Wall Street continues to live the dream as US equity markets closed the week at new record highs, the earnings season appears to be delivering the reassurance investors require. According to Factset research, just about one-quarter of the S&P 500 companies have reported earnings, of that 76 % have reported positive earnings surprises and 81% beaten at the top line. Blended earnings growth is currently 12%, ahead of the 11% forecast. Along with the continued strength in the equity market, sterling has been the other story to make headlines. The pound managed to trade above $1.43, helped in part by continued weakness in the US dollar but also in hope that the UK economy is fairing better than economists had forecast. This view was reinforced on Friday as GDP growth for the previous quarter came in at 0.5%, 0.1% ahead of expectations. Conversely, growth in the world’s largest economy came in year on year at 2.6%, this was modestly below analyst forecasts.
The Vix index spent a large part of last year at record lows, although equity prices continue to climb the Vix index has traded higher this year, closing this week little changed at 11. Yields on US treasuries continue to creep higher, the yield on the 10-year closing the week at 2.66%. If we want signs that we are possibly closer to a point of investor euphoria, according to Merrill Lynch investors put over 30bn dollars into equity funds in the past week, a record. Also, according to Merrill Lynch, their “Bull Bear” indicator is giving its highest sell signal since March 2013. Although it must be pointed out these indicators are fallible.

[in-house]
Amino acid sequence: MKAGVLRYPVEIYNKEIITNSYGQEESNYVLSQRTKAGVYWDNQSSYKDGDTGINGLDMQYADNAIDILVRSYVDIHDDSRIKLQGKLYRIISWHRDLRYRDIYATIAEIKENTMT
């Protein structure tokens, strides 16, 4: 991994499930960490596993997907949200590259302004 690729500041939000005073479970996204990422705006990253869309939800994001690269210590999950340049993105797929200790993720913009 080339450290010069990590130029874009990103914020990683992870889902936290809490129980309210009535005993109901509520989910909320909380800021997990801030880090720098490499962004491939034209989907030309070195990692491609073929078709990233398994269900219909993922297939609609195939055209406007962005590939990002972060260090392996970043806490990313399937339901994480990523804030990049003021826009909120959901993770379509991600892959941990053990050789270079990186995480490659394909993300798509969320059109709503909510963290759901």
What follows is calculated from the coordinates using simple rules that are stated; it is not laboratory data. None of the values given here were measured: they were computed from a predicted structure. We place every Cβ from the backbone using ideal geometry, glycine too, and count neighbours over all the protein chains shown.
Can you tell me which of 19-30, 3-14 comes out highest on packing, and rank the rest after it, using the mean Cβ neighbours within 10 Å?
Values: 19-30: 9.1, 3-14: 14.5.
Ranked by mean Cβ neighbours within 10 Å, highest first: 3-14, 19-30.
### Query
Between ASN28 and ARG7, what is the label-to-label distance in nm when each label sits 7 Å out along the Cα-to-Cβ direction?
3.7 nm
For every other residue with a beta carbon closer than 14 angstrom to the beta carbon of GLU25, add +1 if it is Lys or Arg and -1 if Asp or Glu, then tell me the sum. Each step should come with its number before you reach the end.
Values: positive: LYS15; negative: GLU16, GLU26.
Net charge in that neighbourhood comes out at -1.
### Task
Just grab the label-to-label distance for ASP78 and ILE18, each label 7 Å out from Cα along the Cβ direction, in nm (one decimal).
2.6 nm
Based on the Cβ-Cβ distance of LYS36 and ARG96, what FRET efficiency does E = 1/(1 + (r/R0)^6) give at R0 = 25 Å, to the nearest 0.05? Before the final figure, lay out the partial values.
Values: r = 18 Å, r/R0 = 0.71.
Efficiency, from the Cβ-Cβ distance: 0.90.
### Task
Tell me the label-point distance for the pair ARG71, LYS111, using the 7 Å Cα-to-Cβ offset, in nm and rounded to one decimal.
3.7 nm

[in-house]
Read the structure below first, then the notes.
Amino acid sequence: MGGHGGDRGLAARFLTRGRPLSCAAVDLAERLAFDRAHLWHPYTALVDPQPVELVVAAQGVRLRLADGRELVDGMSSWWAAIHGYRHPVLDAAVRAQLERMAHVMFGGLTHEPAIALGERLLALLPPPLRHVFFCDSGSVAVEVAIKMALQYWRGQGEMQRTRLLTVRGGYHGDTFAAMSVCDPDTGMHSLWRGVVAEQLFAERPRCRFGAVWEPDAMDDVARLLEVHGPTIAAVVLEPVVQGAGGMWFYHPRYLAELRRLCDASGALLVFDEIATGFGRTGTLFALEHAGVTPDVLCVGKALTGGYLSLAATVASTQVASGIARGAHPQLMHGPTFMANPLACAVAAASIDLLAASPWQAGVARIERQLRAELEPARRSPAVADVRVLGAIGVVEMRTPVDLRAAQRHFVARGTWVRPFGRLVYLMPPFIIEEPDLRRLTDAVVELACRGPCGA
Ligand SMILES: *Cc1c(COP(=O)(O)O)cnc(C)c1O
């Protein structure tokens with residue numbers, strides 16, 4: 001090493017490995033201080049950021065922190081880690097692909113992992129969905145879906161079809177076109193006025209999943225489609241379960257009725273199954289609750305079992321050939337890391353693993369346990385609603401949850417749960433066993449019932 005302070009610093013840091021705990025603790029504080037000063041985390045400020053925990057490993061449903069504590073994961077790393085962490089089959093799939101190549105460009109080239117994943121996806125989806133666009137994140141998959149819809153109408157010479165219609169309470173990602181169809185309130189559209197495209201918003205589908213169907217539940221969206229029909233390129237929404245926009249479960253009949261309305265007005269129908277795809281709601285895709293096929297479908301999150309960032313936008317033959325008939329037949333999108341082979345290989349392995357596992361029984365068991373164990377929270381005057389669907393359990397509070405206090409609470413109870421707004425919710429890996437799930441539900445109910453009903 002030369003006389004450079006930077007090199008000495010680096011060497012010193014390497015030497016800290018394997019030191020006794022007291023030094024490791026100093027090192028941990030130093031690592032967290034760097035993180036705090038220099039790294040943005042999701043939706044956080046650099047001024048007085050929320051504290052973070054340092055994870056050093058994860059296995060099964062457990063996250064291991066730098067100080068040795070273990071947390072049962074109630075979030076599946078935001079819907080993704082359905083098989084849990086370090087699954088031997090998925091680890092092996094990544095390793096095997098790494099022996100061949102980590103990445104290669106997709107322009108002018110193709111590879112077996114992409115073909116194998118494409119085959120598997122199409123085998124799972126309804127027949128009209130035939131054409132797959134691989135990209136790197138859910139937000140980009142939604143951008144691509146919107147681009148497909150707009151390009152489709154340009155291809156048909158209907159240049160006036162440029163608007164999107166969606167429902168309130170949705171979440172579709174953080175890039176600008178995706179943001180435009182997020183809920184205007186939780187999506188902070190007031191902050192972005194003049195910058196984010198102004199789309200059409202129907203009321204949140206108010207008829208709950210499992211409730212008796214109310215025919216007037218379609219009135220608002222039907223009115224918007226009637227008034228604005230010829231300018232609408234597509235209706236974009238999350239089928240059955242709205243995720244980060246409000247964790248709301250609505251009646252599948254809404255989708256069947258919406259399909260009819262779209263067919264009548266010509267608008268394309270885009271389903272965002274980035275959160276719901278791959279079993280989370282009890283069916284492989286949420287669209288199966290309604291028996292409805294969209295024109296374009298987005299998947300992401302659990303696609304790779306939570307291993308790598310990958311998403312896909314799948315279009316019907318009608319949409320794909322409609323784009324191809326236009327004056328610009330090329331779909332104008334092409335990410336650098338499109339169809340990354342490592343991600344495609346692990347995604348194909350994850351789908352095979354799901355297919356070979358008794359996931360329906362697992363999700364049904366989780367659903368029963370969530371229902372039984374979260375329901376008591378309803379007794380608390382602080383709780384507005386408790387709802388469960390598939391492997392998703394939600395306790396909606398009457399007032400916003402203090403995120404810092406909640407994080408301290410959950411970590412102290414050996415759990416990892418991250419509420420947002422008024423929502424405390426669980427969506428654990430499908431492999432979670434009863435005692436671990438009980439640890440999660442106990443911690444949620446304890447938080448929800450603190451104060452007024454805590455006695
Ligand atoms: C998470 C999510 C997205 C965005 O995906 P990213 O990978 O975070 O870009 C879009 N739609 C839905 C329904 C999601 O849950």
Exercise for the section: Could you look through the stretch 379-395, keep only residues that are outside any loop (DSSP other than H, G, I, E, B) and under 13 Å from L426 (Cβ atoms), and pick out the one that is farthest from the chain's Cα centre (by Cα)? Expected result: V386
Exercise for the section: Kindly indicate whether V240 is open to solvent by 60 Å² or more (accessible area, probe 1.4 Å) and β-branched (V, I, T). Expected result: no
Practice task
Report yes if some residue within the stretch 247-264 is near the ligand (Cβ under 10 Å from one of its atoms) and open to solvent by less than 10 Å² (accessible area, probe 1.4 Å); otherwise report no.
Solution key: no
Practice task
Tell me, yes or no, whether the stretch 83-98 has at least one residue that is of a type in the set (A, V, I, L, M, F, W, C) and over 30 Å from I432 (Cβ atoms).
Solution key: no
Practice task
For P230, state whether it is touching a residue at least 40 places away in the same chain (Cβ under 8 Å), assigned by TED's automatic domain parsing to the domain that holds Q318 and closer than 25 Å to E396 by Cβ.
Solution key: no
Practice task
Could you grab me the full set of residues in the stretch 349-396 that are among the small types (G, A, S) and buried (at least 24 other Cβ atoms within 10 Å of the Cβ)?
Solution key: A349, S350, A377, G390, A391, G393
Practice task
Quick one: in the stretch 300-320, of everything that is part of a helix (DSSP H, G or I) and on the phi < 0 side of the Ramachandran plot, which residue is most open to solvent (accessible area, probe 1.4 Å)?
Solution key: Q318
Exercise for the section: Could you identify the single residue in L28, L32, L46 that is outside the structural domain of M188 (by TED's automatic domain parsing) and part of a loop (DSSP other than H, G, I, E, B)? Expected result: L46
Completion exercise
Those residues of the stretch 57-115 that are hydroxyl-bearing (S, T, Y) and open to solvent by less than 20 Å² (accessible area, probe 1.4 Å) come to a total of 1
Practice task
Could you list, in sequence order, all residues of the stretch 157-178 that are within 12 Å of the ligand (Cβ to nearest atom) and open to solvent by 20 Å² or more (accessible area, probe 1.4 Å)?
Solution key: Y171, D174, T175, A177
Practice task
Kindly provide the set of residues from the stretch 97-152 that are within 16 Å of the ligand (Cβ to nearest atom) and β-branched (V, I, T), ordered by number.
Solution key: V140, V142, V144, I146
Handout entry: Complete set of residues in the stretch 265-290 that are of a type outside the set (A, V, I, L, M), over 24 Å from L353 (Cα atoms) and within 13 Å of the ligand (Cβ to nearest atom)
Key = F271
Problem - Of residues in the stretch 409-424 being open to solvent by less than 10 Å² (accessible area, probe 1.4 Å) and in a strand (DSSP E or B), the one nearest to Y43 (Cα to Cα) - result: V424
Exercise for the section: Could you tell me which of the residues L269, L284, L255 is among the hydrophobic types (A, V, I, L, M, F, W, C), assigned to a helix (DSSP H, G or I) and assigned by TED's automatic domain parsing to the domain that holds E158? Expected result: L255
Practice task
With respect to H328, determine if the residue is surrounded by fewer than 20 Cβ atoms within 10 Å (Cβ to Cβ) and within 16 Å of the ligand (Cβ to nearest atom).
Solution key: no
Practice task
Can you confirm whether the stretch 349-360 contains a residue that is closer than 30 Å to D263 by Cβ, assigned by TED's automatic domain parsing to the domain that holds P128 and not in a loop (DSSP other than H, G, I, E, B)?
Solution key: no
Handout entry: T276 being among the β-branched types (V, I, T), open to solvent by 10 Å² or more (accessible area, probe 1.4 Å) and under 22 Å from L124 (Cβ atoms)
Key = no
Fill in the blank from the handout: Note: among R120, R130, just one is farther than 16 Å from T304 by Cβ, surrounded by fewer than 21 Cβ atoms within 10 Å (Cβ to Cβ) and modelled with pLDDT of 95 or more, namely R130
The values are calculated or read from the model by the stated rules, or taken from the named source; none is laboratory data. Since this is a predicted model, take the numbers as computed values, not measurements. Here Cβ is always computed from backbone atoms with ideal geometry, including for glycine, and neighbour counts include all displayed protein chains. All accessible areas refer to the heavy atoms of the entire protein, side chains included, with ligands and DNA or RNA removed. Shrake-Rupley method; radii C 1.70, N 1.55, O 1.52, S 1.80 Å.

Looking to the week ahead earnings will remain in focus, with Amazon, Facebook and Alphabet all reporting in the coming week. Expectations will be raised for these companies after Netflix beat in the past week. After Donald Trump’s pantomime villain appearance in Davos last week, this coming week he gives his state of the union address. With Trump’s approval ratings still below 50%, he will use this speech to provide some vision for the year ahead. He will also want to look back over the past 12 months, point to the strength of the US economy and the successful tax cuts. Trade came up in Davos and he will probably touch upon this topic as well. It’s a busy week for US economic data, inflation in the form of Personal consumption expenditure, personal income and expenditure, employment wages and the first interest rate decision of the year from the Fed on Wednesday evening. On Friday we get the January average earnings and unemployment rate. A pick up in average earnings economists believe is the lead indicators of inflationary pressures to start to build.